What types of relationships are important and for what reasons?
Children and young people have indicated that it is not just relationships with professionals (including teachers and health professionals for example) that are important, but that there is a range of other people with whom they network and from whom they derive support. These include caregivers (foster carers, residential social workers, social workers, and respite care providers), mentors, youth workers, befrienders, peers and birth family (especially siblings) (Holland and Crowley, 2013). Often, relationships are thought of in terms of their quantity, blood tie, family form and frequency of contact. Far more important than any of these is the quality. There is some research to indicate, for example, that the presence in the life of a child or young person of one stable, significant adult is as important as a multiplicity of relationships (Singer et al, 2013).
Some research has identified that characteristics associated with high quality relationships relate to the functions they perform - informational (guidance and advice); instrumental (giving resources including time, money, access to services); emotional support (companionship, affection, trust); and appraisal (enhancement of self-worth) (Singer et al, 2013). An important and often overlooked aspect to the quality of relationships is having opportunities to experience affection and the development of intimate knowledge relationships (Morgan, 2011; Holland and Crowley, 2013; Ridley et al, 2013).
From the perspective of children and young people, quality is sometimes associated with the length of time they have known the professional (Schofield and Stevenson, 2009). Other research indicates that children and young people value relationships with professionals, and in particular social workers, who: are reliable, honest, available and interested in them; listen to them; take them and their views seriously; accept and respect them; are ambitious for them; and who are committed to them through the best of times and the worst of times (Oliver, 2010; McLeod, 2010; Dickson et al, 2010; Morgan, 2011; Munro, 2011; Ryan, 2012; Care Inquiry, 2013; CSSIW, 2013). These views are in contrast with the views of social workers who often underestimate the significance of their relationships. The reason for this is that social workers' efforts are often focused on supporting the relationships that children and young people are developing with their new carers. In so doing, they fail to acknowledge how important they themselves are to children and young people. For example, it is often the social worker who is the only link between the past family life of the child and the new life they are now building in care (Winter, 2011, 2014).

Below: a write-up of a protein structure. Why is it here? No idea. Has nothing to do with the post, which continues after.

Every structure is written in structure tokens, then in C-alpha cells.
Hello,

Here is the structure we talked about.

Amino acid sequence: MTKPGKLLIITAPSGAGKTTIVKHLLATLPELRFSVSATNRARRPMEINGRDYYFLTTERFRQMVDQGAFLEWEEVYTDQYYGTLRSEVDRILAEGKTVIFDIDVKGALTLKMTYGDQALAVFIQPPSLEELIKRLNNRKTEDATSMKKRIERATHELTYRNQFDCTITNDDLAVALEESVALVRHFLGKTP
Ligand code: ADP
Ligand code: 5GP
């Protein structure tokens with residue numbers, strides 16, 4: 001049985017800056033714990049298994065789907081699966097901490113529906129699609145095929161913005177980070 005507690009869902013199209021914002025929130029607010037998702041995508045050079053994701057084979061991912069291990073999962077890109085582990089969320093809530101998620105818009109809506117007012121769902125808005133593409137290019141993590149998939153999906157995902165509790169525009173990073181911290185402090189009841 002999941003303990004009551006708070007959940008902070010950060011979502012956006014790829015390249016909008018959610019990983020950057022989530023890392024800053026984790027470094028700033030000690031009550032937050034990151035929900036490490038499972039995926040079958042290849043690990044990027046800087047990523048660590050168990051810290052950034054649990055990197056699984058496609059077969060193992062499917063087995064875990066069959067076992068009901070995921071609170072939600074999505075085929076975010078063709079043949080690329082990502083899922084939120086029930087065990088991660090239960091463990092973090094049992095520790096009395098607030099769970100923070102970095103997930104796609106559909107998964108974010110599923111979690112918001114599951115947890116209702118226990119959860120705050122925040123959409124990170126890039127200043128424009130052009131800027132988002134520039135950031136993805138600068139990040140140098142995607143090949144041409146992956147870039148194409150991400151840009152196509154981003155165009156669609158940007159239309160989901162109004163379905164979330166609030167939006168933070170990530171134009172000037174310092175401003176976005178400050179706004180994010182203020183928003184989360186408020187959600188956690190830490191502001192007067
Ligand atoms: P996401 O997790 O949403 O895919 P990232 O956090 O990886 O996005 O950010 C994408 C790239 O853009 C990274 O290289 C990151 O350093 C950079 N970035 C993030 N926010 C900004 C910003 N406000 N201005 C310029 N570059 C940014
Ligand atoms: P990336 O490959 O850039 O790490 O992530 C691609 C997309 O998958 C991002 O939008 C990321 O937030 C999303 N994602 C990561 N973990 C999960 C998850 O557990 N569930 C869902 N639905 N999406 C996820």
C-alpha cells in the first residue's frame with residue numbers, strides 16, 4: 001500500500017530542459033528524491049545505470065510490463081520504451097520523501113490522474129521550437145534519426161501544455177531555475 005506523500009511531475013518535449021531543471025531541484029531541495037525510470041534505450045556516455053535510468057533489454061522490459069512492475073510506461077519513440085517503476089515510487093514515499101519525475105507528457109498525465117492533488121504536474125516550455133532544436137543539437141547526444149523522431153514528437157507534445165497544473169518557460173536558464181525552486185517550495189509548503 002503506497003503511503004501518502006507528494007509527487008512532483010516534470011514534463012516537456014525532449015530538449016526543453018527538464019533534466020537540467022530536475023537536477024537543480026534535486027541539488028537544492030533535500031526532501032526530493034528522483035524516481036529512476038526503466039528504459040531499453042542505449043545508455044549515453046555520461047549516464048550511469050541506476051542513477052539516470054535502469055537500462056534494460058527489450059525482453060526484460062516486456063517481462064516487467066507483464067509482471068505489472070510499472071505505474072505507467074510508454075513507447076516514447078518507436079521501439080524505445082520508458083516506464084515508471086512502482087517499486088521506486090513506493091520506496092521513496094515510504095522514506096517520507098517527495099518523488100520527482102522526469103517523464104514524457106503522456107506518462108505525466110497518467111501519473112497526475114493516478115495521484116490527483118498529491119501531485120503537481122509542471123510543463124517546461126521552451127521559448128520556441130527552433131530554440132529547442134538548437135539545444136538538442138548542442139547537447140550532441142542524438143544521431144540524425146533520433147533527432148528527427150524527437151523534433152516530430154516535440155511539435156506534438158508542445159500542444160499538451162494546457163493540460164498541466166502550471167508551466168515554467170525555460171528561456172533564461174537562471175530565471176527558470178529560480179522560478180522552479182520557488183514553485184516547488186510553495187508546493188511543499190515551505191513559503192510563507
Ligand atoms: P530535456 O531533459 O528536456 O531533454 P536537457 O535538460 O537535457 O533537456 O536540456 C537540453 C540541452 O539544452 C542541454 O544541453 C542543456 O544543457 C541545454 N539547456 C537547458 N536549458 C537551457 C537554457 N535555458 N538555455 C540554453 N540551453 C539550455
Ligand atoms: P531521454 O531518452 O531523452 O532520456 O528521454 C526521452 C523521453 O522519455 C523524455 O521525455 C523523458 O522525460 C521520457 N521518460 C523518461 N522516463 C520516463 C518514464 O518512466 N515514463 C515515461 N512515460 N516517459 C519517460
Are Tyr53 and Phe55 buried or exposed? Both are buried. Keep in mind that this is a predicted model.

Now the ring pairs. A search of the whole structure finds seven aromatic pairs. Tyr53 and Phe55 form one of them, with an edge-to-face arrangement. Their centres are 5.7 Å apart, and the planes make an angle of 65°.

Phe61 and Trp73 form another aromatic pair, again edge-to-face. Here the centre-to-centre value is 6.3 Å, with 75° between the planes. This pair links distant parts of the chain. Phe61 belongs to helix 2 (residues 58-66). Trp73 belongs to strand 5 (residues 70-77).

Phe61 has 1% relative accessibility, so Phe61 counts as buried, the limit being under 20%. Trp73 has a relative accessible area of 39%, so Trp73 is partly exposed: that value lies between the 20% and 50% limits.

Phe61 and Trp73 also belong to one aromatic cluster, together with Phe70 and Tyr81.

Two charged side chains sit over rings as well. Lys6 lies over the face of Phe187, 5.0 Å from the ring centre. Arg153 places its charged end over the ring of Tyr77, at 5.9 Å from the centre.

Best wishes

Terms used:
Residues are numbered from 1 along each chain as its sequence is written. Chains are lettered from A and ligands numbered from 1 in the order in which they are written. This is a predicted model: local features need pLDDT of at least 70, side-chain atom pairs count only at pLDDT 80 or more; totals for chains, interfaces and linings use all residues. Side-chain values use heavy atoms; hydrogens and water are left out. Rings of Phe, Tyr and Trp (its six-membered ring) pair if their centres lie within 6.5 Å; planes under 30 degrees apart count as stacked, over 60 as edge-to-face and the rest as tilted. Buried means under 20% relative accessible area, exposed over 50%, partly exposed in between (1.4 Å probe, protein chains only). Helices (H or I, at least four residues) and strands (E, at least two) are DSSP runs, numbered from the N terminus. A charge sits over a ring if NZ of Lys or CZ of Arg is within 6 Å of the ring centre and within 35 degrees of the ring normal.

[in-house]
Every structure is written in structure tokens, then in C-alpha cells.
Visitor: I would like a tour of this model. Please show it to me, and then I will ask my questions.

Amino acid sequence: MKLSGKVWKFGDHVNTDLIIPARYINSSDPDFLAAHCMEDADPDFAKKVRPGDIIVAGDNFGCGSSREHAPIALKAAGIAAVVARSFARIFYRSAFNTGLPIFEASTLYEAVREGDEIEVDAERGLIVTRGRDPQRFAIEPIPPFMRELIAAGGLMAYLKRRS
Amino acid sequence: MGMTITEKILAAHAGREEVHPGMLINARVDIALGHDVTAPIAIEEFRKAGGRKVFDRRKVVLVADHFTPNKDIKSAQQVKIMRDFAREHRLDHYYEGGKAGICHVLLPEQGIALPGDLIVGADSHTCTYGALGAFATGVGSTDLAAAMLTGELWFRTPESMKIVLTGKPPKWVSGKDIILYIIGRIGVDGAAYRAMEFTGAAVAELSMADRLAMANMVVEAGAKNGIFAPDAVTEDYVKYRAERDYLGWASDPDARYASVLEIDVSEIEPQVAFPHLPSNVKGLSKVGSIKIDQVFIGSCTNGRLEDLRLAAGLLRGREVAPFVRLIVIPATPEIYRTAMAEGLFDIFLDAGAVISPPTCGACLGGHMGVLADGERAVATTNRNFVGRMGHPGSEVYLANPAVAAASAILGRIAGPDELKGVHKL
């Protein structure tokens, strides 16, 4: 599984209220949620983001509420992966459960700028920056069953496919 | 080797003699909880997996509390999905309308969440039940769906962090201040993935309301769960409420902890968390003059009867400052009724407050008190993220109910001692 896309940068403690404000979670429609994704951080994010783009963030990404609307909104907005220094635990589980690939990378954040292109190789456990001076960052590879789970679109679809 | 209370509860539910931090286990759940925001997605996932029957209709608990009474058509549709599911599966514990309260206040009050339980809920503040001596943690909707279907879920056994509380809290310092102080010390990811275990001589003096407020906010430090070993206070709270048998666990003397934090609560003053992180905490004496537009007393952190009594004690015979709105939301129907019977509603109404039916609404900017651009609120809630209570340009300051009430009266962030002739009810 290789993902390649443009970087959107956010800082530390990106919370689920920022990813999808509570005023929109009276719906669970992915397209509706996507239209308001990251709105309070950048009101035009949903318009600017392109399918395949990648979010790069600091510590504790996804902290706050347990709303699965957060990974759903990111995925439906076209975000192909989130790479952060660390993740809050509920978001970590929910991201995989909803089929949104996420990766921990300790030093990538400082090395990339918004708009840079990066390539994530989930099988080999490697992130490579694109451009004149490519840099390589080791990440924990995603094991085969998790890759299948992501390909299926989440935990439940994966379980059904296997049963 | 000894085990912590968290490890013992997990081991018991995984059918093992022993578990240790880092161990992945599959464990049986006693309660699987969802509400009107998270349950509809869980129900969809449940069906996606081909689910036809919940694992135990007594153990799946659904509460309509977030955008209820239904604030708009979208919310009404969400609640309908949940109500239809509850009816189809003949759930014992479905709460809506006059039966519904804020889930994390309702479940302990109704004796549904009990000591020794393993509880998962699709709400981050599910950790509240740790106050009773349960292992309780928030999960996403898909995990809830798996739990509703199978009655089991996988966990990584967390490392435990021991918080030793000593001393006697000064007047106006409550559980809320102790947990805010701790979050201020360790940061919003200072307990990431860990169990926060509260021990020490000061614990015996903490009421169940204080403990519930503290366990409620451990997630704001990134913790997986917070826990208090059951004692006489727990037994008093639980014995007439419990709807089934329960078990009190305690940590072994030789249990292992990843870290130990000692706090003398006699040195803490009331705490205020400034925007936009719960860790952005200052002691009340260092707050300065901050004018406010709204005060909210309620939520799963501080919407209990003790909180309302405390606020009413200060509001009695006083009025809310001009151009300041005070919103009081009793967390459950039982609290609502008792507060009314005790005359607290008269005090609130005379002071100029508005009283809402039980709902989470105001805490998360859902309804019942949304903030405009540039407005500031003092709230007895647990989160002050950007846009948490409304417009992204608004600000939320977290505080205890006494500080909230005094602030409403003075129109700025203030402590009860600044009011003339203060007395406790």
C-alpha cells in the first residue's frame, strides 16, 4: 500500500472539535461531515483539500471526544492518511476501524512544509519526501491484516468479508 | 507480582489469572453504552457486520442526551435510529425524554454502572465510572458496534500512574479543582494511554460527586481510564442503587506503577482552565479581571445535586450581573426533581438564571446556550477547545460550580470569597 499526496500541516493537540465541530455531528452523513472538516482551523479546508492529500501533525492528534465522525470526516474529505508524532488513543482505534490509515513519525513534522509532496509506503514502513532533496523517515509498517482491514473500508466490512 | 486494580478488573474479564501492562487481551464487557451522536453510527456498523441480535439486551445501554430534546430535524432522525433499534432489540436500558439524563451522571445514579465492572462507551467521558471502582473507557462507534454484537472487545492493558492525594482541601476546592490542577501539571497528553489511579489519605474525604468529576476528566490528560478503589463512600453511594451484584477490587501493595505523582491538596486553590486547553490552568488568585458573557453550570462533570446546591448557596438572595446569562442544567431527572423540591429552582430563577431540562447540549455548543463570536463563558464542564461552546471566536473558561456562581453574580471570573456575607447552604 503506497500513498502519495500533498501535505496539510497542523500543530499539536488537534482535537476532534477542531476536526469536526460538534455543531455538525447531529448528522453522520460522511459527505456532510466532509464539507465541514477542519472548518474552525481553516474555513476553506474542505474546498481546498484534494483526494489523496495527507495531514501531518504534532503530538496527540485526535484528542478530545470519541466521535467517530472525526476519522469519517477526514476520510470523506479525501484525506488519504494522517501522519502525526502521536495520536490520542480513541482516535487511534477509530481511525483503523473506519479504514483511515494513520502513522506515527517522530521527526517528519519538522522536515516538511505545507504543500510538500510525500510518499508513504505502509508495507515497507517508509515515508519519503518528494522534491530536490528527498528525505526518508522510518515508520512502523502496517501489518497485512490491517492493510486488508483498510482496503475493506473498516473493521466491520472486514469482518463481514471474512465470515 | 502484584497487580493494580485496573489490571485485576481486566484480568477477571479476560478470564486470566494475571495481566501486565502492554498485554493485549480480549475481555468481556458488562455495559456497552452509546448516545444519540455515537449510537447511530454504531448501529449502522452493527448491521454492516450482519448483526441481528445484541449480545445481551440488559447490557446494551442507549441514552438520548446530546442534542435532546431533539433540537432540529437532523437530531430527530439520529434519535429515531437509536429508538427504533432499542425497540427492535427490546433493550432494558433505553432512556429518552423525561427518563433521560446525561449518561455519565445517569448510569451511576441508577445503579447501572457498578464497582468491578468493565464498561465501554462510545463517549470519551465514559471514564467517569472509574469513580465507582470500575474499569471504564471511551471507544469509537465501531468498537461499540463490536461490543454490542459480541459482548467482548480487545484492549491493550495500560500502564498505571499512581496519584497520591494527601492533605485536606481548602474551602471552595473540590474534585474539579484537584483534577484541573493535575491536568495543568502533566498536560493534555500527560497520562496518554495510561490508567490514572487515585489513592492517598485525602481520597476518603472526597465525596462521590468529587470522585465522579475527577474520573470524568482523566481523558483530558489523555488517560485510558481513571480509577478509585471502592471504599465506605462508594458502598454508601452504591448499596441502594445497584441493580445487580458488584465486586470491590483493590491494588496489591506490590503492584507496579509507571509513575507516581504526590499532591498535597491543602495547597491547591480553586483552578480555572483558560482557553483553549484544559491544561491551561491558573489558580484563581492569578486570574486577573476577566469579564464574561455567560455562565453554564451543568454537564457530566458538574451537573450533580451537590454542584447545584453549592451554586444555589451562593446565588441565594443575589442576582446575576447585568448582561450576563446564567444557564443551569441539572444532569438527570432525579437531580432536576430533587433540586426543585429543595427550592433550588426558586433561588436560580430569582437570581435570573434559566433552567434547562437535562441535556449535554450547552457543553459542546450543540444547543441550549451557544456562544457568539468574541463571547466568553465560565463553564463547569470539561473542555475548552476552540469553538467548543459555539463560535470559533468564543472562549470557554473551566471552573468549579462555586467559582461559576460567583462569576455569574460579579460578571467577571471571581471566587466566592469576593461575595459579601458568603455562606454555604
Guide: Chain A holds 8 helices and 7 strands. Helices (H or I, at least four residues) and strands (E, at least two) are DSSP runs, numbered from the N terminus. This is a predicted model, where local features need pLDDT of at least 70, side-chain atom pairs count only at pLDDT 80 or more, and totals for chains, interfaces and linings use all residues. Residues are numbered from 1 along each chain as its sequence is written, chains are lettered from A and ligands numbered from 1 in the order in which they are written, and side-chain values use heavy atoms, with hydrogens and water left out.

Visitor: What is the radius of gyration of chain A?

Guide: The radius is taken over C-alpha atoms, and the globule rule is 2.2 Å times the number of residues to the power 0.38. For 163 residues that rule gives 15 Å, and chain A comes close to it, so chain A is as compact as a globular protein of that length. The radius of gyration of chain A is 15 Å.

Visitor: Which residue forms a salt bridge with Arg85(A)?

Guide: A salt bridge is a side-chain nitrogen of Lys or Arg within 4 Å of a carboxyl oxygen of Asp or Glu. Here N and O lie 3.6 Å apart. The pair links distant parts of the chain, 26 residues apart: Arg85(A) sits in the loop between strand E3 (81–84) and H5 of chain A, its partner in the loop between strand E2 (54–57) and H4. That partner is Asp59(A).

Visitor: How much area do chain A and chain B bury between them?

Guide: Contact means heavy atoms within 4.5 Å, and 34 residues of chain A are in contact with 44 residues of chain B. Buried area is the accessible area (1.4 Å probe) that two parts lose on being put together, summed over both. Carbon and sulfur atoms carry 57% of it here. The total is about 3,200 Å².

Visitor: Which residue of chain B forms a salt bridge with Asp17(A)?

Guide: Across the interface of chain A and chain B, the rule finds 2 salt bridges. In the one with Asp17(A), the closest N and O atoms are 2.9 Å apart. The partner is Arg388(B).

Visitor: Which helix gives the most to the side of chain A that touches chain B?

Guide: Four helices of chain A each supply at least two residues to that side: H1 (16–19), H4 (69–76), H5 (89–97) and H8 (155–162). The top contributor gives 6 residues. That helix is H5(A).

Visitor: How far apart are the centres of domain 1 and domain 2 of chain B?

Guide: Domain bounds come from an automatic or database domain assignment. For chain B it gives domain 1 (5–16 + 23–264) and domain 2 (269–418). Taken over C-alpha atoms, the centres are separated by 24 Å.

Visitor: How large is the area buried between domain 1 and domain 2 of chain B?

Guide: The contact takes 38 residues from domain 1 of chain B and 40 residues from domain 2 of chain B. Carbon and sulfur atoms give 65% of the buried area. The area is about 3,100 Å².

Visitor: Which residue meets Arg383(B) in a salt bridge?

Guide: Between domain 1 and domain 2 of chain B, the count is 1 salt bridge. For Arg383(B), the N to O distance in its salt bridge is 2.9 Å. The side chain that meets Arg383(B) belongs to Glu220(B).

Why are high quality relationships beneficial?
It is argued that the experience of positive, safe and stable relationships helps children and young people build secure attachments, develop self-confidence, self-esteem and self-reliance and contributes to a strong sense of identity and belonging (Fahlberg,1994; Ryan, 2012; Care Inquiry, 2013). Furthermore, it follows that with these foundations in place, children and young people are afforded the best chance to secure positive long-term outcomes in education, health and overall well being (Happer et al, 2006; Siebelt et al, 2008; DCSF, 2009; Ryan, 2012). From the perspective of children and young people, stable, significant relationships are beneficial as they provide someone to turn to at points of crisis and change, they provide encouragement and guidance and they provide endorsement at key life events such as graduation or marriage (Singer et al, 2013). Longstanding relationships can also provide a platform to making sense of the past, filling in gaps regarding one's own personal narrative. Such relationships, therefore, perform an important role in identity formation, particularly when children cannot return home (Neill and Howe, 2004; Schofield and Stevenson, 2009; Winter, 2013).
What are the barriers?
We hear a lot about how difficult it is for professionals and children and young people to build and maintain high quality relationships with each other. There are several reasons for this. From the perspective of children and young people, their attachment relationships may have been disrupted. Secure attachment relationships contribute to the healthy emotional development of children, providing them with skills, competence and capacity to regulate their own emotions, understand others and to form healthy relationships (Shemmings, 2011; Furnivall, 2011). In the absence of a secure attachment relationship, some children can find it difficult to trust adults in the face of previously negative and abusive encounters (Leeson, 2007; Munro, 2011; Winter, 2011). These feelings of mistrust can be exacerbated by constant changes of worker, the lack of time to form relationships and by professional decisions that are made about the lives of children and young people with which a child or young person does not agree. Furthermore, children and young people may have developed coping mechanisms that result in them not taking opportunities to form relationships through fear of rejection (Reimer, 2010; Care Inquiry, 2013).